Canadian Forest Service Publications

Changing paradigms in the management of forest insect disturbances. 2016. Alfaro, R.I.; Langor, D.L. The Canadian Entomologist 148(S1):S7-S18.

Year: 2016

Issued by: Northern Forestry Centre

Catalog ID: 37714

Language: English

Availability: PDF (request by e-mail)

Available from the Journal's Web site.
DOI: 10.4039/tce.2016.30

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Mark record


From the early descriptive work, focussed on documenting the forest insect fauna and the impacts of destructive species, Canadian forest entomology has passed through several distinct phases, each triggered by new societal demands of forests and of forest entomologists. We review the various stages that Canadian forest entomology gone through in the last 100 years. Following the initial descriptive and cataloguing phase, forest entomology entered a pest control or forest protection phase, which eventually evolved into the integrated pest management (IPM) era. Although IPM dominated the forest entomology discourse for at least two decades, this approach is now considered to be narrow and pest-centric and is being superseded by a more holistic approach where the emphasis is on ensuring the health and sustainability of forests at landscape levels. The new trends point away from the “command and control” approach of attempting to eradicate pests or reducing pest damage, and towards working with natural processes in the context of ecosystem management. We indicate several areas where 21st century forest entomology could make a contribution towards the sustainable management of Canadian forests.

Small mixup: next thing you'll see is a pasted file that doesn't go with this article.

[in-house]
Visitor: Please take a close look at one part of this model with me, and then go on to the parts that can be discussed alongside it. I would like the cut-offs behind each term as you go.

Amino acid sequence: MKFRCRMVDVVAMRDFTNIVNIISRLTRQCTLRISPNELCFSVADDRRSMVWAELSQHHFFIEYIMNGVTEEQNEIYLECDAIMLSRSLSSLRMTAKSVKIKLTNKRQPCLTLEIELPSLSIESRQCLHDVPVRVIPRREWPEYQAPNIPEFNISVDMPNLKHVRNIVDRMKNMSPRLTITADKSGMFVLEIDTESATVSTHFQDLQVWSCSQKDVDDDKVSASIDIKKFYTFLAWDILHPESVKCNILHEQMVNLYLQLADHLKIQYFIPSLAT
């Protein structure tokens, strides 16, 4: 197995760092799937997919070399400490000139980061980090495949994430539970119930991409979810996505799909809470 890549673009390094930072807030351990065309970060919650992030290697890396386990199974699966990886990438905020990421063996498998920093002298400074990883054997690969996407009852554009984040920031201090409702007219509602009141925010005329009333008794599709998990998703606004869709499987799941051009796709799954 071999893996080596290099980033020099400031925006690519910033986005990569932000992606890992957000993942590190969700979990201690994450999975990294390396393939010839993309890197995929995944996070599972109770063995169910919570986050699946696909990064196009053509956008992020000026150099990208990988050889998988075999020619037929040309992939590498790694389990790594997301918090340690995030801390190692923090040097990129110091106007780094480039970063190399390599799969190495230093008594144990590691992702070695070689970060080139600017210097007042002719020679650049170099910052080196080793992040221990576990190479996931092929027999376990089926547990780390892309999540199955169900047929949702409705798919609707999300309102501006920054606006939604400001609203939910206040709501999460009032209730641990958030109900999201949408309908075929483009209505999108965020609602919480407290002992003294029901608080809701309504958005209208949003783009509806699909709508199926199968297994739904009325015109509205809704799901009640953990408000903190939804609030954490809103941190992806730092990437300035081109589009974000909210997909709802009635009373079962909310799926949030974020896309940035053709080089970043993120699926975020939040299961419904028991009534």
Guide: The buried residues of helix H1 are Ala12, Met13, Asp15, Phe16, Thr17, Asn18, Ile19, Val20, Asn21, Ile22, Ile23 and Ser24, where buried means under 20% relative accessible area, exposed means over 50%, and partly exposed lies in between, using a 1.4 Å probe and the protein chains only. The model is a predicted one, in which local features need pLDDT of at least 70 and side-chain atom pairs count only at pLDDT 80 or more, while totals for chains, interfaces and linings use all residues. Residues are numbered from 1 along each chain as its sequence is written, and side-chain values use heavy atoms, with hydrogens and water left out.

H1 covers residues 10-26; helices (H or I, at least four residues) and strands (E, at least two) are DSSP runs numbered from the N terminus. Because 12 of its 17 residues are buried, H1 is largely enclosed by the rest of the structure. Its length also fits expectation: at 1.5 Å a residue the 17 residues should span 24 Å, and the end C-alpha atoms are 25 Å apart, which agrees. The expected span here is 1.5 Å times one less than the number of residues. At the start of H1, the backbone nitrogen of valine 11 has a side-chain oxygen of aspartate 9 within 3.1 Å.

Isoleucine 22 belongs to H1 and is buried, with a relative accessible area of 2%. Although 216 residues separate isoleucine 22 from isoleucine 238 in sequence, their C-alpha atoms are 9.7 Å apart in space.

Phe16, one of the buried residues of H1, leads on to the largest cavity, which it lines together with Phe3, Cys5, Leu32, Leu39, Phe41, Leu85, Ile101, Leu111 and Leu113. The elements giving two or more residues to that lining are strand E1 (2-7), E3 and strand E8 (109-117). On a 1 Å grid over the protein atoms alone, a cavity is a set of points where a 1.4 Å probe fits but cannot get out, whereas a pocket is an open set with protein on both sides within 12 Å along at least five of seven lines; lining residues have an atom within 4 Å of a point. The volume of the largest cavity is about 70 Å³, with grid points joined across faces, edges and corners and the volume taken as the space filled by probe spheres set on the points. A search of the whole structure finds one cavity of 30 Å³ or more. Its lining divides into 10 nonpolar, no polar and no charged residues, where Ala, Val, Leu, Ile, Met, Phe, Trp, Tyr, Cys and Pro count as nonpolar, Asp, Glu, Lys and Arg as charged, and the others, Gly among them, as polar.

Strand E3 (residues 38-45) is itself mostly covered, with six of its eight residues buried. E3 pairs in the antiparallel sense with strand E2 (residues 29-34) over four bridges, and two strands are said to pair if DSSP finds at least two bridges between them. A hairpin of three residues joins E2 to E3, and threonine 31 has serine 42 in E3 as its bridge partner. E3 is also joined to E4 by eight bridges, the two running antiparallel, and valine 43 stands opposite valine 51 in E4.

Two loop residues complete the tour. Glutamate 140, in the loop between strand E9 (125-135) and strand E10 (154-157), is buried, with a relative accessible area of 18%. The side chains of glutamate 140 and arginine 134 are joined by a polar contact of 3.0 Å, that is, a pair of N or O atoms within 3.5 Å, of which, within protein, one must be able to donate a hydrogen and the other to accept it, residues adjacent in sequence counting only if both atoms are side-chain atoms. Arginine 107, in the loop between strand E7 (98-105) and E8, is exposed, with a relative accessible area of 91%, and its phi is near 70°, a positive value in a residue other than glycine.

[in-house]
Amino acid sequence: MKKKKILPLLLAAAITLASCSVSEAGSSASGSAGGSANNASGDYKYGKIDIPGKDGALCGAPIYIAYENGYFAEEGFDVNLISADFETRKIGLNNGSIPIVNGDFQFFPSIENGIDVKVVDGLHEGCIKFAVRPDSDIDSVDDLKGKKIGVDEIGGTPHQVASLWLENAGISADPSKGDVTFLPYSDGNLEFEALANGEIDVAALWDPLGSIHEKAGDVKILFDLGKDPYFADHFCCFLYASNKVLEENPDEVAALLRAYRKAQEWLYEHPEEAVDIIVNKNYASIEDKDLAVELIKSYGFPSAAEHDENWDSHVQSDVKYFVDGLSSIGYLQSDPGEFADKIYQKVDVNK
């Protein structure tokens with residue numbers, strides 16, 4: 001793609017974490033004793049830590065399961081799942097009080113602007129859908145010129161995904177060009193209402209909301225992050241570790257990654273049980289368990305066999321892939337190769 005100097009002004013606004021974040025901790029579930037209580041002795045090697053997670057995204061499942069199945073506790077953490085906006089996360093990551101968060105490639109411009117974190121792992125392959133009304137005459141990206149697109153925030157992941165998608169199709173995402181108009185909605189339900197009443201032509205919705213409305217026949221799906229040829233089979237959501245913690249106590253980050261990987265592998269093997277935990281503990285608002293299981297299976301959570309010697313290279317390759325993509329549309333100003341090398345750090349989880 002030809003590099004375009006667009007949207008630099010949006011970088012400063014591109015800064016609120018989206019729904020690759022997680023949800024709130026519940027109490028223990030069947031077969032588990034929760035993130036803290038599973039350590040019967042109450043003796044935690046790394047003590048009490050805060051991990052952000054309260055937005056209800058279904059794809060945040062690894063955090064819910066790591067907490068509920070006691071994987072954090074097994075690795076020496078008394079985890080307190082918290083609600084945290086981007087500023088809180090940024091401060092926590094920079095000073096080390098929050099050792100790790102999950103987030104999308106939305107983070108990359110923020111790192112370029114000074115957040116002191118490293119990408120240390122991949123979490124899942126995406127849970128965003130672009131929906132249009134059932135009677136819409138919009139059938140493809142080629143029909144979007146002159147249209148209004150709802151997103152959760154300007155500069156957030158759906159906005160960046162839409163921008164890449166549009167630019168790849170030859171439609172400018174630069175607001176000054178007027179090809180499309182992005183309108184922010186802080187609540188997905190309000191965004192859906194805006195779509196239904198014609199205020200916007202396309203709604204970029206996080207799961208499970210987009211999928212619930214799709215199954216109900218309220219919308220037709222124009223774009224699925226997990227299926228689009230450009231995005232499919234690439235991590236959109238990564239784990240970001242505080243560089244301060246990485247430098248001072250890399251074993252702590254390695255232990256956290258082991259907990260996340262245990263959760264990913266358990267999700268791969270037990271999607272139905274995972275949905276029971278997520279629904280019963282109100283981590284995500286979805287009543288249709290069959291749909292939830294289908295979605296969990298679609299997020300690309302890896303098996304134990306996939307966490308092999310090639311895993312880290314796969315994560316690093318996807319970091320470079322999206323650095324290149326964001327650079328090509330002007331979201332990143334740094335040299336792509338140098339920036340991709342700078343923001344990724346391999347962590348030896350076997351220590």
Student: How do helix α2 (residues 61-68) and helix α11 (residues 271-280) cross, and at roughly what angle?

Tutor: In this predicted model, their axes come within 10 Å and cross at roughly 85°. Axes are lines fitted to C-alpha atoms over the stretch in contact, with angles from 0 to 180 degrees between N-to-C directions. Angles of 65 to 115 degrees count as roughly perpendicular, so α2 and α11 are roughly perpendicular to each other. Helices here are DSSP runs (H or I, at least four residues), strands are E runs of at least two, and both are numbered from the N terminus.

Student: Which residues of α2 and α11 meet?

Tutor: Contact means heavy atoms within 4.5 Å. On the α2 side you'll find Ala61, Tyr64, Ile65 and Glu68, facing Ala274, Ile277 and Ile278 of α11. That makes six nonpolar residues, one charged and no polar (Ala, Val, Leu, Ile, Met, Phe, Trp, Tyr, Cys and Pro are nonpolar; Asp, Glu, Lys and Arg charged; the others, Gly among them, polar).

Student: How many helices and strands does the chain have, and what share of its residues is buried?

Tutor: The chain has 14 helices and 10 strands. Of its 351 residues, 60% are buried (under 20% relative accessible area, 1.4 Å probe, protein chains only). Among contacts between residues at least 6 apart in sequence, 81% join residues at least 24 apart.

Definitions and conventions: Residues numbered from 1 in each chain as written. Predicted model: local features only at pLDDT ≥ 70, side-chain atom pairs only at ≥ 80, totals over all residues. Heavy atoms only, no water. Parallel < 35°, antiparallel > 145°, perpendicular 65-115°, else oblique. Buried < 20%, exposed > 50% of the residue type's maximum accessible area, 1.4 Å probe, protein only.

Plain Language Summary

Generations of Canadians have studied insects in forests. We briefly review how the science of forest entomology in Canada has changed over the last 100 years and provide some insights into what the future might hold. Before the 1930s, work focused on describing and cataloguing the insects that live in forests. As the forest industry grew in importance during the 1930s, research in forest entomology evolved to provide the biological and technical knowledge required to protect Canadian forests from pests. In the 1970s, societal pressure grew for scientists to find new ways to control pests after the release of influential publications like Silent Spring, which warned of the threats posed by the indiscriminate use of pesticides. In response, forest entomologists adopted a new approach, called integrated pest management, which used various methods to minimize risk to human health and the environment. This approach is now being replaced by a more holistic paradigm, called sustainable forest management, that views native insects not as “pests” but as integral parts of well-functioning ecosystems that need to be managed and conserved.